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What will Halloween look like amid COVID pandemic?

Updated October 16, 2020 - 1:58 pm

The piñata in the living room serves dual purposes.

Dispenser of candy, object of pent-up frustrations: It’s two things in a singular whack.

Claire Davies bought it for her 11-year-old son, Cristiano.

It’s a new Halloween tradition that she hopes won’t become a tradition: Living in a high-risk household for the coronavirus with her elderly mother, Davies is skipping the usual Halloween activities in favor of indoor, stick-abetted alternatives.

“We’re just going to let him hit the piñata,” Davies says, “let him get his anger out that he’s not going trick-or-treating.”

And so it goes for Halloween 2020: In a year akin to someone tossing carrot sticks in your goody bag, the upcoming holiday underscores the uncertainty of the times.

What will Halloween even look like this season? Because of the pandemic, there are as many answers to that question as there are varieties of Skittles.

‘Like canceling Christmas’

For some Las Vegas residents, Halloween provides an opportunity to embrace the mood-enhancing familiarity of a time-honored holiday, a sort of comfort food — or candy, rather — for the psyche.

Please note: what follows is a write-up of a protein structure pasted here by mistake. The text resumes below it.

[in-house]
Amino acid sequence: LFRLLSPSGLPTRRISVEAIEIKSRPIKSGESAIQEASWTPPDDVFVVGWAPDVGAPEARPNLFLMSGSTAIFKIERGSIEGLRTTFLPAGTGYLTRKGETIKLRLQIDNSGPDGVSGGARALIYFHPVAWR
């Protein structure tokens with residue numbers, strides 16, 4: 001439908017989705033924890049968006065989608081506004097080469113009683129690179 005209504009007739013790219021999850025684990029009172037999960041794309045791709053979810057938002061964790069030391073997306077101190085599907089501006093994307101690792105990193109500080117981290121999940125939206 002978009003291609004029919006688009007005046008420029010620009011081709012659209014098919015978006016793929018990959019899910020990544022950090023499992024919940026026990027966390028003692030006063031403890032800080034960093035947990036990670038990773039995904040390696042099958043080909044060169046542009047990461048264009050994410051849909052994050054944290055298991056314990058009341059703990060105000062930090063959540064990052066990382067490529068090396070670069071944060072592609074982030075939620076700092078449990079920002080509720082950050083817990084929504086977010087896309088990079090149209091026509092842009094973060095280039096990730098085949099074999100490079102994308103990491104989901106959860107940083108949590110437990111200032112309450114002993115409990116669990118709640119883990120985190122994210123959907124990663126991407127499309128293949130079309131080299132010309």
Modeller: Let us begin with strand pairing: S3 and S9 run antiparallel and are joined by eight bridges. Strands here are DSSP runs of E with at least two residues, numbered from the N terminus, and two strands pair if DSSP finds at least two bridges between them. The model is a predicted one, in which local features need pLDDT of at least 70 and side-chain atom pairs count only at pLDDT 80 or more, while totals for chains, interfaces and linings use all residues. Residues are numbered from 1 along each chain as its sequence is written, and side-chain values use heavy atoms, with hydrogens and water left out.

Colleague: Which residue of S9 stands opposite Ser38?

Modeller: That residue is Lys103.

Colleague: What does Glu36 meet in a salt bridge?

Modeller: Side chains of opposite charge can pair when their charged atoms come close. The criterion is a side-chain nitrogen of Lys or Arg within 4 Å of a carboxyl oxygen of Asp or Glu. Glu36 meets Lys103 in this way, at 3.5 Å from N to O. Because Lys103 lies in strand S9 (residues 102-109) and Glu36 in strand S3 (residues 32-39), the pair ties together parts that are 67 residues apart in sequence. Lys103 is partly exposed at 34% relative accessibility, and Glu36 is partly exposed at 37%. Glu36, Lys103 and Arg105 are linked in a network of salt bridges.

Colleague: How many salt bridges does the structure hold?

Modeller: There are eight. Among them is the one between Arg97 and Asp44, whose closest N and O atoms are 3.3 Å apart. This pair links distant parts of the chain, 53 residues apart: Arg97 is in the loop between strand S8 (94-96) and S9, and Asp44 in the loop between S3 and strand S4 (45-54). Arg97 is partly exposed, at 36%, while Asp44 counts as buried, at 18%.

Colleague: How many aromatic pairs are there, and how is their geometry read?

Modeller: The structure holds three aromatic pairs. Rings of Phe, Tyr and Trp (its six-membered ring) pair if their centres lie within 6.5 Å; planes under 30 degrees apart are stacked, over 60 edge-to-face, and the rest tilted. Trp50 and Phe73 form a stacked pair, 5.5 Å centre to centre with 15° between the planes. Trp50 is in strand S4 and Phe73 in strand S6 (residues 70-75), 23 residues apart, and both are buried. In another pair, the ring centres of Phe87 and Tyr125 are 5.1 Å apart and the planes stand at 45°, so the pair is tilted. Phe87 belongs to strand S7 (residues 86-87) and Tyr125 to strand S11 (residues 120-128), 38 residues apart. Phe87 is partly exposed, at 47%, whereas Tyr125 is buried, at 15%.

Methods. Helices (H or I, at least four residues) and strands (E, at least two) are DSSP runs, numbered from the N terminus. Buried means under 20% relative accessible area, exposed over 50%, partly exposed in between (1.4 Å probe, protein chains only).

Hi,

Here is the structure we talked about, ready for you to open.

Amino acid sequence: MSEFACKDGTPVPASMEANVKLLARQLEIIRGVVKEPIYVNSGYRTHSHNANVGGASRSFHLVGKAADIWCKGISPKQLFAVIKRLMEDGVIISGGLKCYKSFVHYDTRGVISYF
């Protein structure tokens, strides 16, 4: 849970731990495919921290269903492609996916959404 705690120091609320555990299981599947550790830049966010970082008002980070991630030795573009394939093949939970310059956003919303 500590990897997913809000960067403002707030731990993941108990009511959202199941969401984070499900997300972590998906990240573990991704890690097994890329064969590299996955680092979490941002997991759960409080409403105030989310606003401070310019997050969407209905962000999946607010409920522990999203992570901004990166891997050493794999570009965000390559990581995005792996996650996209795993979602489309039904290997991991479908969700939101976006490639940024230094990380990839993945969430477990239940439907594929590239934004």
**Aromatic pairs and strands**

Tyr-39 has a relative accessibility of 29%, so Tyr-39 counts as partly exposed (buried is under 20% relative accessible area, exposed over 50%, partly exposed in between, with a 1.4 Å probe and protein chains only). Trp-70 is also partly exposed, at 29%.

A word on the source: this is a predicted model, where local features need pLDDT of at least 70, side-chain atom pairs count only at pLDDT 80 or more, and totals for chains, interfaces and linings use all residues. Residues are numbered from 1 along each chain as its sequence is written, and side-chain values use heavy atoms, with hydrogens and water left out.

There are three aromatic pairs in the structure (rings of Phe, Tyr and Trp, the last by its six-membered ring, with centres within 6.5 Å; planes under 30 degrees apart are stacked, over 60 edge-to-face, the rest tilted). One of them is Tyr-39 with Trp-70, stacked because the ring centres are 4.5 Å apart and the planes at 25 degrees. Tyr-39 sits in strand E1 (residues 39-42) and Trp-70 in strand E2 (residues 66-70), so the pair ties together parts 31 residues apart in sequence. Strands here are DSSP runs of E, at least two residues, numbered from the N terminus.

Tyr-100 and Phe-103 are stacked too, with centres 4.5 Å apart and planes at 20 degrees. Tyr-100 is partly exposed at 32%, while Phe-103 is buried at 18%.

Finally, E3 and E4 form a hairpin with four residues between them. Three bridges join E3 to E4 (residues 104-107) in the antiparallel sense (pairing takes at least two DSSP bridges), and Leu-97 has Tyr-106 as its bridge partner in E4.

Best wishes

“How long has it been since the normal has gone away, six, seven months?” Joseph Cabrero asks. “I want something to go back to normal. Just one thing.

“We’re still going trick-or-treating,” he adds. “I’m not going to do anything differently unless the house we knock on says, ‘Please stand back’ or leaves candy at the front door.”

For mother of three Stacey Johnson, who lives in the Summerlin area, there will be minor tweaks to the festivities, such as wearing gloves and a face mask when handing out candy, but otherwise Halloween will proceed as usual for her family.

“It’s one of those things where I don’t know how I can really cancel the holiday for the kids,” she says. “I’m prepared to take precautions and do things like that, but I’m not prepared to cancel it for them. It would be like canceling Christmas.”

Still, plenty of parents are taking a more circumspect approach to their kids’ acquisition of miniature Snickers bars.

“Sadly, not trick-or-treating this year,” mom Karen Barlow Selke says. “Kids want to, badly, but we don’t feel comfortable. We will be heading to hang out with my immediate family and doing a scavenger hunt around the house and scary movies.”

Selke is not alone.

According to a survey by social media consulting firm Influence Central, more than half of families plan either to sit out Halloween entirely (22 percent) or to celebrate only with immediate family at home (34 percent). Another 13 percent will host a small gathering with a few friends to dress up and exchange candy.

“The caution nationally is really there,” Influence Central CEO Stacy DeBroff says. “It’s maybe not even people’s own concerns about their kids or themselves, but it’s out of respect for the community and out of caution. Some people are just concerned, ‘This doesn’t seem to be the year to be ringing strangers’ doorbells.’ ”

Is it safe?

While Halloween is normally full of make-believe scares, here’s a real-life one to contend with: the threat of spreading the coronavirus during the holiday season.